Demographics

by Charlie Nusbaum

The long term effects of COVID-19 and the populations affected are still not yet fully understood. Despite the level of uncertainty still surrounding this virus, we do know two things: 1) individuals with comorbidities, i.e. preexisting medical conditions, are most at risk and 2) social distancing works. This is evident in a March 26 report released by the Center for Disease Control (CDC) and a 2007 study of nonpharmaceutical interventions implented during the 1918-1919 pandemic. The corollary to these two facts is that the elderly who tend to have weaker immune systems or existing medical conditions and those who cannot effectively social distance are particularly susceptible. But how many of these individuals reside in Santa Barbara County? Moreover, where in Santa Barbara County are they?

The age distribution of Santa Barbara County is shown in the table below. Evidently, the age cohort mix of Santa Barbara County residents has remained largely unchanged over the past 5 years. The estimated median age of inidivuals in the county is roughly 34 years of age, roughly four years below that of the United States according to recent estimates from the Cencus Bureau. Still, Santa Barbara County has a large number of at risk persons. In fact, those aged 65+ amke up 15.6% of our population. According to the CDC 8 out of 10 deaths reported in the United States have come from this population.



Age is not the only concern. The population density, and in particular the number of persons per household, of Santa Barbara County is also key to understanding how any viral outbreak including COVID-19 is likely to affect our communities. Even with strict adherence to stay-at-home orders, it may be difficult for some in our community to effectively avoid interpersonal contact. If, for example, a household consists of only two individuals, then each household member only need be wary of one additional person's health. If instead the household consists of four individuals, then each member need be wary of three additional person's actions and/or health. A potential consequence of a high number of persons per household is that viruses have a greater potential to spread the more each member of the household leaves to shop, go to work, etc.

The graph below displays the distribution of household size for both North and South County. While both regions of Santa Barbara County have a high number one and two person households, North County has substantially more high density households. In fact, households containing more than four persons make up 22.0% of households in North County whereas they make up only 11.6% of households in South County. Of particular note is the relatively high number of 7+ person households in North County.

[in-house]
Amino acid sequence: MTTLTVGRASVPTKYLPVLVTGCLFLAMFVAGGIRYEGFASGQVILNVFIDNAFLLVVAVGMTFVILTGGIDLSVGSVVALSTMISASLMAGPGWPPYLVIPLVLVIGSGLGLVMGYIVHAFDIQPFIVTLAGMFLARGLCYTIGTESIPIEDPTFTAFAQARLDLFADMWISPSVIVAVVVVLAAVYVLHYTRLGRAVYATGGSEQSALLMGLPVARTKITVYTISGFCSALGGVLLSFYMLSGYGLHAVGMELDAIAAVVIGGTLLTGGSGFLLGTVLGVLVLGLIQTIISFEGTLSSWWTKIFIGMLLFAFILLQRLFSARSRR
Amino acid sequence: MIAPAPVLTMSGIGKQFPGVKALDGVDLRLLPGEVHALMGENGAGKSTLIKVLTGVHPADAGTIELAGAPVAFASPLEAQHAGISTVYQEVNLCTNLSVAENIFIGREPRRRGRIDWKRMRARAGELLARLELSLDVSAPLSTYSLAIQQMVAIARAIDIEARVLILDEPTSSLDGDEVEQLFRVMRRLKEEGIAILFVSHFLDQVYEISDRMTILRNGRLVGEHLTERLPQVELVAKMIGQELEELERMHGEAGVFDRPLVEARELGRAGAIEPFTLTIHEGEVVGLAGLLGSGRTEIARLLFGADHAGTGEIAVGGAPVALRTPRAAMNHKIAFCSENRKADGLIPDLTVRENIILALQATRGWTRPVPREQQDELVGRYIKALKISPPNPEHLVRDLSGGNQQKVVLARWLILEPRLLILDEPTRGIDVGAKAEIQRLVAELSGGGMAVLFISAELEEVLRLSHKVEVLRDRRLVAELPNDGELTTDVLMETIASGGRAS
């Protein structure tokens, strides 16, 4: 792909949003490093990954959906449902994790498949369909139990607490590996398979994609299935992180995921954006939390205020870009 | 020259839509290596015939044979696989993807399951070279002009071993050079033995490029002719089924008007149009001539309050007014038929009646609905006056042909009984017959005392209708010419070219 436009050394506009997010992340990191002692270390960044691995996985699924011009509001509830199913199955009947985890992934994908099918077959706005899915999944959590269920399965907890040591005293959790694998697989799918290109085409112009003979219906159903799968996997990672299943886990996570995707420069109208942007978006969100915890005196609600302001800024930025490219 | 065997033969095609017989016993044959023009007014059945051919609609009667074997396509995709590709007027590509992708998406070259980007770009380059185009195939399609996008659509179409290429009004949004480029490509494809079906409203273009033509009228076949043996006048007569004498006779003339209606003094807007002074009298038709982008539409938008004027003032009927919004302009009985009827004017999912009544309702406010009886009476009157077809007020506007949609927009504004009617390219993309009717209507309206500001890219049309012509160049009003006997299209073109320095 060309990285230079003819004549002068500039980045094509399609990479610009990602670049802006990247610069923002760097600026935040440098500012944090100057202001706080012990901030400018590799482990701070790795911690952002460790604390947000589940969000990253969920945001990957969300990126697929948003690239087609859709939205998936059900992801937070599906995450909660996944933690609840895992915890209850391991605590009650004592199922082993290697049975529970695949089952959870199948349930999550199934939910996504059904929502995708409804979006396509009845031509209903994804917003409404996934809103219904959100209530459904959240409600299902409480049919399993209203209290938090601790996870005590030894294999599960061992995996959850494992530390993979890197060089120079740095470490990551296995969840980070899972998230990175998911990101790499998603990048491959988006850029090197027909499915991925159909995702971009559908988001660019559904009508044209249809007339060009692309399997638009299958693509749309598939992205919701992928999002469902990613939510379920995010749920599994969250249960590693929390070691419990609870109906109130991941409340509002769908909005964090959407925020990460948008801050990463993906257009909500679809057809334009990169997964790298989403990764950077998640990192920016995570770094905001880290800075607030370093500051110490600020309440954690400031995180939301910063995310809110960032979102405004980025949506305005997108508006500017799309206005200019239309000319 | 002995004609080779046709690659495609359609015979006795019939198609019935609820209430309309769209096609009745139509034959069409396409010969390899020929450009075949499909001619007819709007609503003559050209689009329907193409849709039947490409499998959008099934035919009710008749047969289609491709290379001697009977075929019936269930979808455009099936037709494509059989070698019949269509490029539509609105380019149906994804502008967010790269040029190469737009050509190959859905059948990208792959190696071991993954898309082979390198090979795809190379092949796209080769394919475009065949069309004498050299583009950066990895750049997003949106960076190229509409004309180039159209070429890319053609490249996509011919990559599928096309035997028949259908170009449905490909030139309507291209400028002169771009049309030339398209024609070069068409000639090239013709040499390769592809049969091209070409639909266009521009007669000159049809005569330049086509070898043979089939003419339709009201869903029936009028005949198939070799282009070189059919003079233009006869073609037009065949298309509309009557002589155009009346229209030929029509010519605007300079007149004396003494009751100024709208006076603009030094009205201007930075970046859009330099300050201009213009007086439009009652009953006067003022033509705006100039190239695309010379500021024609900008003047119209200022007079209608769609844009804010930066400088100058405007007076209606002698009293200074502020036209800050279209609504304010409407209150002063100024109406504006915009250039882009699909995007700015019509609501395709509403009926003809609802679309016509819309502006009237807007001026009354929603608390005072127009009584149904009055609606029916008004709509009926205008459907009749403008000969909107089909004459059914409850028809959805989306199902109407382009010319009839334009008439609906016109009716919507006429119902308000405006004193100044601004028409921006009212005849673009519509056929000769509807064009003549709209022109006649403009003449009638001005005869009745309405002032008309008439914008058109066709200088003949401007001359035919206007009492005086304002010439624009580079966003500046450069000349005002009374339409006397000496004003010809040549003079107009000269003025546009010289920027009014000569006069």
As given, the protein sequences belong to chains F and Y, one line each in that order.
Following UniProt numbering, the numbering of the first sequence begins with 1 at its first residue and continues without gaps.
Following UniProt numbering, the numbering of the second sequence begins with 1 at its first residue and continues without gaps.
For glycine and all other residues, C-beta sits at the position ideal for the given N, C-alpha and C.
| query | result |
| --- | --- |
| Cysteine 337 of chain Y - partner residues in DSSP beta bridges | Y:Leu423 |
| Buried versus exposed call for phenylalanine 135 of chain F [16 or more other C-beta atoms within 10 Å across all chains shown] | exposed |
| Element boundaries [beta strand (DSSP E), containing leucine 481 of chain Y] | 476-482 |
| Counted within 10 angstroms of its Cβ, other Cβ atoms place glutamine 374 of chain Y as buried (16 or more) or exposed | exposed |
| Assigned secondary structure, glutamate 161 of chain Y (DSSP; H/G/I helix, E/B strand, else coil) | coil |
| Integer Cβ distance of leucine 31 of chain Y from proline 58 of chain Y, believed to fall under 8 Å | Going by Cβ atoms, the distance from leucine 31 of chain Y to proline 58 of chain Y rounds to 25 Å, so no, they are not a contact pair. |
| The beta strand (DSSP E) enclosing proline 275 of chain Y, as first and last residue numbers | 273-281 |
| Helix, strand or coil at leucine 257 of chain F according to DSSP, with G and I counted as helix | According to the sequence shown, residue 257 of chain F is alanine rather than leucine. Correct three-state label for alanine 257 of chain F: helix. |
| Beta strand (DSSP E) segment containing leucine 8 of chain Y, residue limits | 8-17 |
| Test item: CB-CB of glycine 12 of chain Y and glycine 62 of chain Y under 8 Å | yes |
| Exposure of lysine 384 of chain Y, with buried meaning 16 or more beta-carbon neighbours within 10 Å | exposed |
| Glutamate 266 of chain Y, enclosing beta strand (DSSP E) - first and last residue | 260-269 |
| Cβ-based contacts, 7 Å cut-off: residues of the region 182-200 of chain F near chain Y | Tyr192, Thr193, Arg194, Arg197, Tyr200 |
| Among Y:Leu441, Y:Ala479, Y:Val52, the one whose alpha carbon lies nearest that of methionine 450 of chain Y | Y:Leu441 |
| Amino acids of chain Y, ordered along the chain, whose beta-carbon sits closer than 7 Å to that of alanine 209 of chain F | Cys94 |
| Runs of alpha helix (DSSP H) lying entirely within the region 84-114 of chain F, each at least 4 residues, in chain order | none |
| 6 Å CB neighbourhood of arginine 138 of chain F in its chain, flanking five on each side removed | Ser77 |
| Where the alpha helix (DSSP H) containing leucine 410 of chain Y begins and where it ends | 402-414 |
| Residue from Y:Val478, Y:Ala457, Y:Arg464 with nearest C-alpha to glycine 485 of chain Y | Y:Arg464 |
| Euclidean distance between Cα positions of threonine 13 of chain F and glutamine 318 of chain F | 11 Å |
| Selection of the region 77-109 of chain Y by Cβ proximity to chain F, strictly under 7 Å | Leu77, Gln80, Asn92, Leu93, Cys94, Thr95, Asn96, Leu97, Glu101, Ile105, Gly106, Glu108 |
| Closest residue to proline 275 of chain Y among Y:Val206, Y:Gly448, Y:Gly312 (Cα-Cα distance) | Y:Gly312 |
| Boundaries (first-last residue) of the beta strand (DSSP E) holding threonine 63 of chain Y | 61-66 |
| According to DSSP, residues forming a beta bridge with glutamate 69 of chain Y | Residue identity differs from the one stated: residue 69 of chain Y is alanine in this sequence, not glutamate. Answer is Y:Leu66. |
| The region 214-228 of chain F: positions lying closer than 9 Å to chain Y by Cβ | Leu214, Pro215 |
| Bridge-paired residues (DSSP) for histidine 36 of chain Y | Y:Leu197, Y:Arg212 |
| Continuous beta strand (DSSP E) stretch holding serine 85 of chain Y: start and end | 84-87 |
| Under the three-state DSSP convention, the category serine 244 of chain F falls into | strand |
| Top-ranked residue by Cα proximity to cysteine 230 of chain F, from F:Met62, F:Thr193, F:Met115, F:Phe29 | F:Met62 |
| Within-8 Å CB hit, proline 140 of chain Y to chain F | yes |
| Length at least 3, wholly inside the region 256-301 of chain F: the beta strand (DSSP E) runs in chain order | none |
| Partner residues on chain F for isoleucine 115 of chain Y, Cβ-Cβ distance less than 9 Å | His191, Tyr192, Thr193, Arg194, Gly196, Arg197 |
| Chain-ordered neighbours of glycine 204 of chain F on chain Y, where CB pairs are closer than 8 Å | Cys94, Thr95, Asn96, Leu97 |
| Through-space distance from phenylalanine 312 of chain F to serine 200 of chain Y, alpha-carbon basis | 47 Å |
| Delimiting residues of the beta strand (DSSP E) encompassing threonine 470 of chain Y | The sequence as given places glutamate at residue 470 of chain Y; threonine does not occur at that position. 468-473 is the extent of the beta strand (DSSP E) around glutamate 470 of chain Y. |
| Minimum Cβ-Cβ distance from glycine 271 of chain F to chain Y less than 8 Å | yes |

Related to the above concerns, is the fact that low income indivduals are likely to be impacted more substantially than other populations, both directly due to health concerns and indirectly due to things like hoarding. It is well known that the impoverished tend to have worse health outcomes than high income individuals. According to The Office of Disease and Health Promotion, those with low socioeconomic status, i.e. income level, education, and occupational status, are more likely to experience heart disease, diabetes, have higher rates of disability, and higher mortality rates. Moreover, financially constrained individuals are substantially more limited with respect to what types of groceries they can afford. Additionally, those who rely SNAP benefits may more limited with respect to food options: they cannot purchase prepared food if the grocery store shelves are empty. These concerns are particularly important given the extent to which grocery store stocks have been strained over the past several weeks.

The graph below shows the distribution of household income in North and South County. It also displays in red the income groups for which all members are below the federal poverty line for a household consisting of four individuals ($26,200). This cutoff is of course an underestimate of those that are financially constrained in relatively high cost of living areas. Both regions have roughly the same number of impoverished households as defined above. Evidently, however, North County has significantly fewer high income households relative to South County, with a much larger dropoff following the most common income group of $50,000-$75,000.